Thinking of things as art can be troubling. Thinking of it as a craft is something on par with gluing macaroni to paper. That puts you in a mindset that's much more conducive to having good ideas. If it doesn't work we'll go on to something else. Instead of thinking, I must be INSPIRED!
It's a lot easier to get insecure about that kind of stuff too. The best songs were ones where I just thought this is a piece of crap and I played it for Doris and Ty and they said 'wait, let me do something with that.' Because I thought it was a piece of crap I didn't care what they did. 'Do whatever you want with that song. You can change anything' and they did something great with it.
Q: Do you ever feel like when you turn on your computer that this is going to be the day you can't do it?
Nate: We don't have deadlines. It's not like I have to turn it on every day. The music comes to me a lot more easily than the lyrics. I have a lot more insecurity about the lyrics I'm writing. Clearly I can write them, but it's a lot easier for me to become self-conscious about that. The music I can just believe I can do it and it comes. Sometimes it sounds like something else I've written but that's the secret. You're ripping off everyone else.
Q: What's your target for a song? A feeling? A place?
Nate: I want to get a certain reaction from it. I want it to resonate with me. On a musical level but lyrically to. When I hear those lyrics with that music I want it to open me up in some way internally that I can't quite describe. Something that is a reminder of something bigger in the world that what we're constantly focusing on.
Q: That's obviously what your listeners feel.
Nate: There are plenty of people out there who would hear the music and be like 'eh.' Some people it resonates with and others it doesn't.
Q: Why is that?
Nate: I have no idea why that is. I think it's really funny in the same way I have no idea why some nights so many people come out and others they don't and we're like why we had plenty of people last night but the night before 25 people came to see us which wasn't horrible but the last time we played there 75 people had come out.
Why? There is no explaining it. When I try to I just send myself into a downward spiral.
[Nate removes to the kitchen to tend to the grits. "I want to turn this off lest they become polenta."]
Q: How much does crowd size weigh on you?
Nate: More than it should. Sometimes I feel guilty to the venue. Lately I've been thinking "it's not my job to make people come." A lot of time the green rooms have posters from people who have played there before and I get so distracted and I start comparing myself to them. Oh we probably had a bigger crowd than they have or oh, it must be hard playing here when they've been playing for so long. Whatever goes on in my head it's this chatter that distracts me from the fact that I'm here to have a show and the show is the point of what I do and the joy in my life and the whole reason I drove in the van for 6 hours and ate food I ate at a gas station because of the show.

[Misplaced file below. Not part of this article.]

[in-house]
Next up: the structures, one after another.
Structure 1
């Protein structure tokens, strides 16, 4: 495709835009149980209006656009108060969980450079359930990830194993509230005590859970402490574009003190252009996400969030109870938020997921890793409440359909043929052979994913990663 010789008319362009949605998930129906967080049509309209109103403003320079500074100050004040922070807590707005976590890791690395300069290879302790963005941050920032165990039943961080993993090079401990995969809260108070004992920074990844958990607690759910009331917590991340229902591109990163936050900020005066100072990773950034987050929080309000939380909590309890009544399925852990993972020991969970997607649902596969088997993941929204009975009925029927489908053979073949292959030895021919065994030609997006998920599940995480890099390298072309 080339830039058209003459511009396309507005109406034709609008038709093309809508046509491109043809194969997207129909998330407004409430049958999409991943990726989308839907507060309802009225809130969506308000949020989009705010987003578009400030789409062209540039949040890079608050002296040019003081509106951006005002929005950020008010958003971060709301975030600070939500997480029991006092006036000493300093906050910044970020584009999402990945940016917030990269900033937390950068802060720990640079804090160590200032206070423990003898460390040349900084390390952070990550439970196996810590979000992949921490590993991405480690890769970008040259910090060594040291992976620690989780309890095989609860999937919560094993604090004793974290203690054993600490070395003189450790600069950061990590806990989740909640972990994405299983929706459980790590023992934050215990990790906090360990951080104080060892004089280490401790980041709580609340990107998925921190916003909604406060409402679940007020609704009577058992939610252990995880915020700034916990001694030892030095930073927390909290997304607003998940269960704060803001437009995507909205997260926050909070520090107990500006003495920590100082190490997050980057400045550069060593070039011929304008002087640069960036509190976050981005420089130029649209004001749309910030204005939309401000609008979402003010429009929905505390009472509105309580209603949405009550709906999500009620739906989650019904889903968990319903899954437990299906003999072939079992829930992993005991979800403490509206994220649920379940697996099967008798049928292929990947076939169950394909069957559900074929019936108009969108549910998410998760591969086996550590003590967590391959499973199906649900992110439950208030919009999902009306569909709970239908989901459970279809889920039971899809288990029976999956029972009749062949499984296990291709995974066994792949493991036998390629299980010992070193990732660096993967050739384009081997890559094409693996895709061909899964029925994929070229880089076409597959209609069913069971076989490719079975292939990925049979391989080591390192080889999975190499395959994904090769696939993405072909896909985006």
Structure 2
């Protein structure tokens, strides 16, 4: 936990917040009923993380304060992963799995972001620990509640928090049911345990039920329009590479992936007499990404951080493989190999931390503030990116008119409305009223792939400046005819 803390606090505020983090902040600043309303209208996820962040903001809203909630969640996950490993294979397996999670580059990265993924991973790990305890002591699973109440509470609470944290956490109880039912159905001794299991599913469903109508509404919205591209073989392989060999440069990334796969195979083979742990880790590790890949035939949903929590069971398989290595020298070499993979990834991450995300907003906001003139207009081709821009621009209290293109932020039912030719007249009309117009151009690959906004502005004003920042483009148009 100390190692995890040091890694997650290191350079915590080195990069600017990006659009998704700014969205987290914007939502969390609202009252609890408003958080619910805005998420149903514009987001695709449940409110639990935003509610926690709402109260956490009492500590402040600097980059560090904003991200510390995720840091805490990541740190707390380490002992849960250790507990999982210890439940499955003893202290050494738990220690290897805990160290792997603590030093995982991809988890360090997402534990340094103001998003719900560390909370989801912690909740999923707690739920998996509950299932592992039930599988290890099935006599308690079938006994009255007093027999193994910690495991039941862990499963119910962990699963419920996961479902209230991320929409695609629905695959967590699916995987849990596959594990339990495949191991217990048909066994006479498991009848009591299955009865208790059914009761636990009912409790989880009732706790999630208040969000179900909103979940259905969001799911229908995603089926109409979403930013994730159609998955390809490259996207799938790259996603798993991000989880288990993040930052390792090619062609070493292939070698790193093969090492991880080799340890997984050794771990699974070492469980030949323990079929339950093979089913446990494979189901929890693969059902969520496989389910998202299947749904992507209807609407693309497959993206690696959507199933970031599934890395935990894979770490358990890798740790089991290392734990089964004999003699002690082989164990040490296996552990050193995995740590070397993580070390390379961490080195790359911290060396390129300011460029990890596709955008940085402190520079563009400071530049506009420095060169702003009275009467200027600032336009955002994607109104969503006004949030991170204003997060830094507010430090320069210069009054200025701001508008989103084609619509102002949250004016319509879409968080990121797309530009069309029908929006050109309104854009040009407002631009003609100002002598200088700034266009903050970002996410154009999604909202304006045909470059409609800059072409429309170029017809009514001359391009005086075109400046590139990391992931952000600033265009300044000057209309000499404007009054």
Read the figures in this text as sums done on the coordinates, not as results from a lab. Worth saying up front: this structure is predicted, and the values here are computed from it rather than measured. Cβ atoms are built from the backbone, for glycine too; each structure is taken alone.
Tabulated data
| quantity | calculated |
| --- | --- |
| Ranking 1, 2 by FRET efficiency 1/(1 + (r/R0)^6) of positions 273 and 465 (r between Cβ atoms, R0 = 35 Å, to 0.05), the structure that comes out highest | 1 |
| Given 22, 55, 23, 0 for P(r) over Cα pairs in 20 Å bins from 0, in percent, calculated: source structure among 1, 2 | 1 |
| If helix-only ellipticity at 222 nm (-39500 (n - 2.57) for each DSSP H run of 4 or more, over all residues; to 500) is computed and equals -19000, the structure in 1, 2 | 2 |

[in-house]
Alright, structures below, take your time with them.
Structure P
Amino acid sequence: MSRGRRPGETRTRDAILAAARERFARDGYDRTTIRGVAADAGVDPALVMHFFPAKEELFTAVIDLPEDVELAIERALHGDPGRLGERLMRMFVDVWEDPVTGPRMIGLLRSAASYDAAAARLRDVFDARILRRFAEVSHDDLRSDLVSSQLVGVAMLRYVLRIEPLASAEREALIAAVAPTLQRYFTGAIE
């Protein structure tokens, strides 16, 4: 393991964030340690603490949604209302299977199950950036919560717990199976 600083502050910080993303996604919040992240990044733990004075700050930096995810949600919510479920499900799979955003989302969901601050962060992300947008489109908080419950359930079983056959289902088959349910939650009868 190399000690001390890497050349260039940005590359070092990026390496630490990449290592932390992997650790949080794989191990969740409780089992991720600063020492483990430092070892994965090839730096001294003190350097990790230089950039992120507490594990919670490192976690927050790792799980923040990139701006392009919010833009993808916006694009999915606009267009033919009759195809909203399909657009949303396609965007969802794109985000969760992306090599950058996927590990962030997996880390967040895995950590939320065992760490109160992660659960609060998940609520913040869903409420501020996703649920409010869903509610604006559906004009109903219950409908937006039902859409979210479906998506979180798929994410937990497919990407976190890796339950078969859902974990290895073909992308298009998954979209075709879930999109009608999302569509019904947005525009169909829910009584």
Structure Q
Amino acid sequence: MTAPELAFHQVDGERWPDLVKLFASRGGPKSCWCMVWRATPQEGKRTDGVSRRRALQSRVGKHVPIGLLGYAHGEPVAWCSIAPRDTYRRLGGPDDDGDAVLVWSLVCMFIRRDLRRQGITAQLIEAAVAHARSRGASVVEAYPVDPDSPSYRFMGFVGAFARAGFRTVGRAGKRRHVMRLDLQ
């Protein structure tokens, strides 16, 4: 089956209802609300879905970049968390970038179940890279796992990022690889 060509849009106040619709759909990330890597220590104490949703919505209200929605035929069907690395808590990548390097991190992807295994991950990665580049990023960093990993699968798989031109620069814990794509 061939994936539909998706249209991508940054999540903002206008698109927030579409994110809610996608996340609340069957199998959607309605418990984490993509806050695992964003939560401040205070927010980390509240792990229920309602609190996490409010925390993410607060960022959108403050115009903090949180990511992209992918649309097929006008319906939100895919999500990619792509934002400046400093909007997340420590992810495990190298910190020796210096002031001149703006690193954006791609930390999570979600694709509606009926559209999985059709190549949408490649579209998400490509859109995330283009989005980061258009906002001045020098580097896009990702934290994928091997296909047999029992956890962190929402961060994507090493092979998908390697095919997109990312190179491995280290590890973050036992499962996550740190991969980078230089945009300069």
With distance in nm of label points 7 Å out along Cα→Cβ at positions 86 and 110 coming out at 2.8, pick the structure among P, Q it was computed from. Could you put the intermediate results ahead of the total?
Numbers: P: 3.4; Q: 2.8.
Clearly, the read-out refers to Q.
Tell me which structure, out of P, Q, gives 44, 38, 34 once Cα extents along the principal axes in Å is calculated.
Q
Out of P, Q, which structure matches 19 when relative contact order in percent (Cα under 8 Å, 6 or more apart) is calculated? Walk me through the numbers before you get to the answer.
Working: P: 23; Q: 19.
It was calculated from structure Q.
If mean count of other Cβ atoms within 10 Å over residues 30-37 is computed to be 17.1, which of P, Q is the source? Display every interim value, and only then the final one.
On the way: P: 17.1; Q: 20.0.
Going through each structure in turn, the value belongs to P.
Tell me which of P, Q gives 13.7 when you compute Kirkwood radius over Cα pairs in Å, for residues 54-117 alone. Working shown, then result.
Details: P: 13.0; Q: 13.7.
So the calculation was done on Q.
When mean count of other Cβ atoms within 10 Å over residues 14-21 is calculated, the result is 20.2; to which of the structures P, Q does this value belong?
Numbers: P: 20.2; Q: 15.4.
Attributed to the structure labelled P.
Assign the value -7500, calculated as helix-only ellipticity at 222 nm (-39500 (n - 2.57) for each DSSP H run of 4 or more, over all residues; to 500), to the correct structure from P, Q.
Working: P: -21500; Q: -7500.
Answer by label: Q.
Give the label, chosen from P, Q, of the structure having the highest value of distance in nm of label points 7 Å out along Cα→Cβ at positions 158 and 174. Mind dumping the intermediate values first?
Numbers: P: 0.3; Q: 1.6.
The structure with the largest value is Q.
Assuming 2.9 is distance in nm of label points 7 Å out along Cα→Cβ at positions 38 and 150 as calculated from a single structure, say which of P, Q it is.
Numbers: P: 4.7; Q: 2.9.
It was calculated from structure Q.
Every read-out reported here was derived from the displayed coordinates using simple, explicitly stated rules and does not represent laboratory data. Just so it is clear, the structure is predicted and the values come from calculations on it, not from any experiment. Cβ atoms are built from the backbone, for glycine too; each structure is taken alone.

Q: How do you get each other psyched before a show, particularly a low attendance one?
Nate: Sometimes we try to connect with each other before we go on stage. We try to have a group hug or try to make each other laugh with dirty jokes or really low brow things to try to make each other laugh. If I sense that one of them is having a bad time on stage is just to let them have a bad time on stage and do whatever I can to keep enjoying myself because that's the best thing for them to be around -- if Ty is having a bad night and Doris and I were just like great then that's the best thing for her to be around people who are having a good night. And that won't necessarily change anything for her but that's the best thing for her.
Q: Tell me about the risk of producing the CD.
Nate: The CD was big and scary. It was like 'this could suck. This could be a CD that I think sucks and that other people also think sucks. That could actually happen. I could make those CDs that other people have made that I think are terrible.
Q: Other big risks you took?
Nate: When we first started off we had a college booking agent. College gigs paid a lot better than regular gigs but usually no one was there unless it was at lunch in the cafeteria. They were demoralizing shows. But we would not have been able to do this as a band if we had not had that agent. It was a great agent in that scene. They got us a lot of gigs. But after a point we were like 'we think it's time to stop working with them and that was a risk because it was less money coming in but we had faith that we could do it."
There is this internal feeling-- this voice inside that is saying 'it's okay.' I kind of have a little voice from the future that says 'it's going to be okay' even though my head is flipping out and saying this is so scary, I don't know if this is going to work.
Q: How successful do you want to be?
Nate: This is a constant thing. It's not like I am without ambition. We all want to grow. We all want the band to be bigger. We'd like to be making more money doing it. And we'd like to be playing for more people and certainly connecting with more people. Not everyone likes the music that we do but there are plenty of people out there who would.